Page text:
The third video is the most common one: the Apple Pay screen appears with a passcode request (#5-five failed Face ID attempts when wearing a face mask), this is exacerbated by Face ID Raise to Wake which is why I recommend that Face ID users turn it off when wearing face masks. There is a similar but separate issue when a user inadvertently pushes the side buttons (#6-emergency SOS • iPhone shut down), this happens more than you might think because side buttons are easily pressed when iPhone is in a tight pants pocket, especially when iPhone is in a case which is pretty much everybody.
The last video shows manual Apple Pay card selection and authentication when an Express Transit is not set, this is also how Apple Pay works on open loop transit systems without Express Transit support such as Sydney’s Opal.
An interesting side note about Japanese transit gate reader design UI. The blue light NFC reader hit area not only makes a great big visual target, it tells us the gate is ‘ready and waiting’. Notice how the blue light goes off when the reader is busy with a card transaction, then blinks on again ready and waiting for the next card. Watch the above videos carefully and you’ll notice the blue reader light stays lit with every false read attempt. Only when the correct card is brought up does it blink off and complete the transaction. When there’s a real problem the blue light changes to red.
This is simple, clever and user friendly design as your eyes are naturally focused where your hand is but you don’t see the design anywhere else except the new OMNY system readers. Copying the Japanese gate reader UI design is a smart move by Cubic Transportation Systems and MTA but their LED screen NFC hit area combo design appears to be somewhat fragile. The green ‘GO’ might seem like a nice touch but I suspect it subliminally makes a use wait for it. More feedback isn’t always better. Every millisecond wasted at the transit gate is a bad design choice.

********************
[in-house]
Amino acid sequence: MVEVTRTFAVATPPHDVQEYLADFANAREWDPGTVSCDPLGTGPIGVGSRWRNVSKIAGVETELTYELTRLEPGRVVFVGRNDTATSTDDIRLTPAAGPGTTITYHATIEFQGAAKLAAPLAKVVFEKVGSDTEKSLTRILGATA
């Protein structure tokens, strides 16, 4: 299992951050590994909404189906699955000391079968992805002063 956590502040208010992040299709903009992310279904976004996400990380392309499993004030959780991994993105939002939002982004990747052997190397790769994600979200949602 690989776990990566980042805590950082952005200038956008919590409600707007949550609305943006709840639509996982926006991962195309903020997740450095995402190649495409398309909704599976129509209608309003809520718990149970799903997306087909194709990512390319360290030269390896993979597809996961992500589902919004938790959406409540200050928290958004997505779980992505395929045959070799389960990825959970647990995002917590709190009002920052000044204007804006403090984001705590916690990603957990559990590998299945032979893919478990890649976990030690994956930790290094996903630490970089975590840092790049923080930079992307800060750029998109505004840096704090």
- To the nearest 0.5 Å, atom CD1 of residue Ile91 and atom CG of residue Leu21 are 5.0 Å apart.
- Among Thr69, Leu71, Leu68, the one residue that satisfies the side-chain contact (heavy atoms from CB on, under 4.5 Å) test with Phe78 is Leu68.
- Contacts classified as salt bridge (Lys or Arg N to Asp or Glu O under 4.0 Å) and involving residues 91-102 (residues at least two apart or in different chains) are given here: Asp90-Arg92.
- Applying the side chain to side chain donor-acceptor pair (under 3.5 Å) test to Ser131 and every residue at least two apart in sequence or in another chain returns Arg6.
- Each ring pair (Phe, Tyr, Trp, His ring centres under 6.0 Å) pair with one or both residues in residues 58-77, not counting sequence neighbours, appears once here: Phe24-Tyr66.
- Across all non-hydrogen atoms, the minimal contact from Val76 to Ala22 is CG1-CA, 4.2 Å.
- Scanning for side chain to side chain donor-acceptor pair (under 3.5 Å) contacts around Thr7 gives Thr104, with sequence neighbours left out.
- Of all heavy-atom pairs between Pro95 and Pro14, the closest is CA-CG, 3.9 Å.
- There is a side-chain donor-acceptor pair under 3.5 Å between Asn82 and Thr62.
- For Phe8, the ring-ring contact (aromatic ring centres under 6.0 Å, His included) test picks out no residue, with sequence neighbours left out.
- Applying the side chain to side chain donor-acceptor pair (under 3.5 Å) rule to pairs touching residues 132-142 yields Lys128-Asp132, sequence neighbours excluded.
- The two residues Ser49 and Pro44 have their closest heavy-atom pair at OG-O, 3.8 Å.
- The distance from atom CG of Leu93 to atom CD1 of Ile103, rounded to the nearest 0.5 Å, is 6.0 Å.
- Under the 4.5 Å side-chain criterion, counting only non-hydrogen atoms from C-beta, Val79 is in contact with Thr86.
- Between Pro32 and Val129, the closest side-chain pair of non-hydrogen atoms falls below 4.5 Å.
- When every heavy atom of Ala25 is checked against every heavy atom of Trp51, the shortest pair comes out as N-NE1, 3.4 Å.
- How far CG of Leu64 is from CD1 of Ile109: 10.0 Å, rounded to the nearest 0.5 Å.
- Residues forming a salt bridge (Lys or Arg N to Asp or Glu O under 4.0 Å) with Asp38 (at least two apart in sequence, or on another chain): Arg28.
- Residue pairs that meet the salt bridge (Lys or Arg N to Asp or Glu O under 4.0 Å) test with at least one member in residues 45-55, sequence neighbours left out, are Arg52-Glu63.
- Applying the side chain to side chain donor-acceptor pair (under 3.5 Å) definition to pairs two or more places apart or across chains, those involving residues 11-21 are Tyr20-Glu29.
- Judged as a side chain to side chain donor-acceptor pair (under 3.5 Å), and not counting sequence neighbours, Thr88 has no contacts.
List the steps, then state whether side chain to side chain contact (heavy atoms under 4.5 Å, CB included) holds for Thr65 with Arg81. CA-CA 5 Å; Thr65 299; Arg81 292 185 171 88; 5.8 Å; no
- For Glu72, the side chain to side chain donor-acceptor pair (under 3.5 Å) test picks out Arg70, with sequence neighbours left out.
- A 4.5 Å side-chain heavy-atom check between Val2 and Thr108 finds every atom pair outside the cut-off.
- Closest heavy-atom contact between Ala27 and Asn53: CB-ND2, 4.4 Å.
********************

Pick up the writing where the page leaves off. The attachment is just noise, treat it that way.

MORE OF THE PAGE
Fixing Face ID iPhone users in America only became aware of Face ID shortcomings thanks to COVID face mask mandates. Yes Virginia, Face ID sucks with face masks and Express Transit users in New York and London came face to face with issue #5: five successful Face ID attempts disables Face ID and Express Transit. It got so bad that MTA pleaded with Apple to ‘fix Face ID’. Apple dribbled out some Face ID “fixes” that didn’t fix very much.
I find it fails me too often on the daily commute and in stores, usually at the very moment I need to launch dPOINT or dPay apps at checkout. I also get the feeling that Apple Watch battery life takes a hit too… If it works for you that’s great, but the Unlock with Apple Watch end user experience will be all over the place.
Also telling was that online Face ID/Express Transit complaints continued to grow despite the iOS 14.5 feature. Unlock with Apple Watch is a one trick pony, it unlocks a Face ID iPhone when a mask is detected, nothing more, no Apple Pay, no Face ID fix.
iOS 15.4 introduced Face ID with a mask for iPhone 12 and later. This is the first true fix for using Face ID with face masks, finally doing all the work Face ID does from unlocking iPhone to authenticating Apple Pay and apps. It’s not perfect as it doesn’t fix Face ID for earlier iPhone X-XS-11 models, and there are trade offs as it reduces Face ID security for the convenience of keeping your face mask on. In my experience Face ID with a mask on iPhone 13 Pro is certainly an improvement but slower and less successful than using Face ID without a mask. Face ID with a mask is also somewhat quirky. It doesn’t like strong backlighting, some users report frequent ‘look down’ requests depending on the their type of face and glasses.
The iOS 15.4 update is out. The biggest feature by far is Use Face ID with a Mask. It makes daily iPhone use a much better experience for those wearing face masks with iPhone 12 and later. Even though America and other countries are rolling back face mask requirements, many Japanese will probably keep them on even if Japanese authorities follow the maskless trend. Wearing a face mask has become such an ingrained second nature that people wear them even when it doesn’t make sense, like walking in an empty park at a night.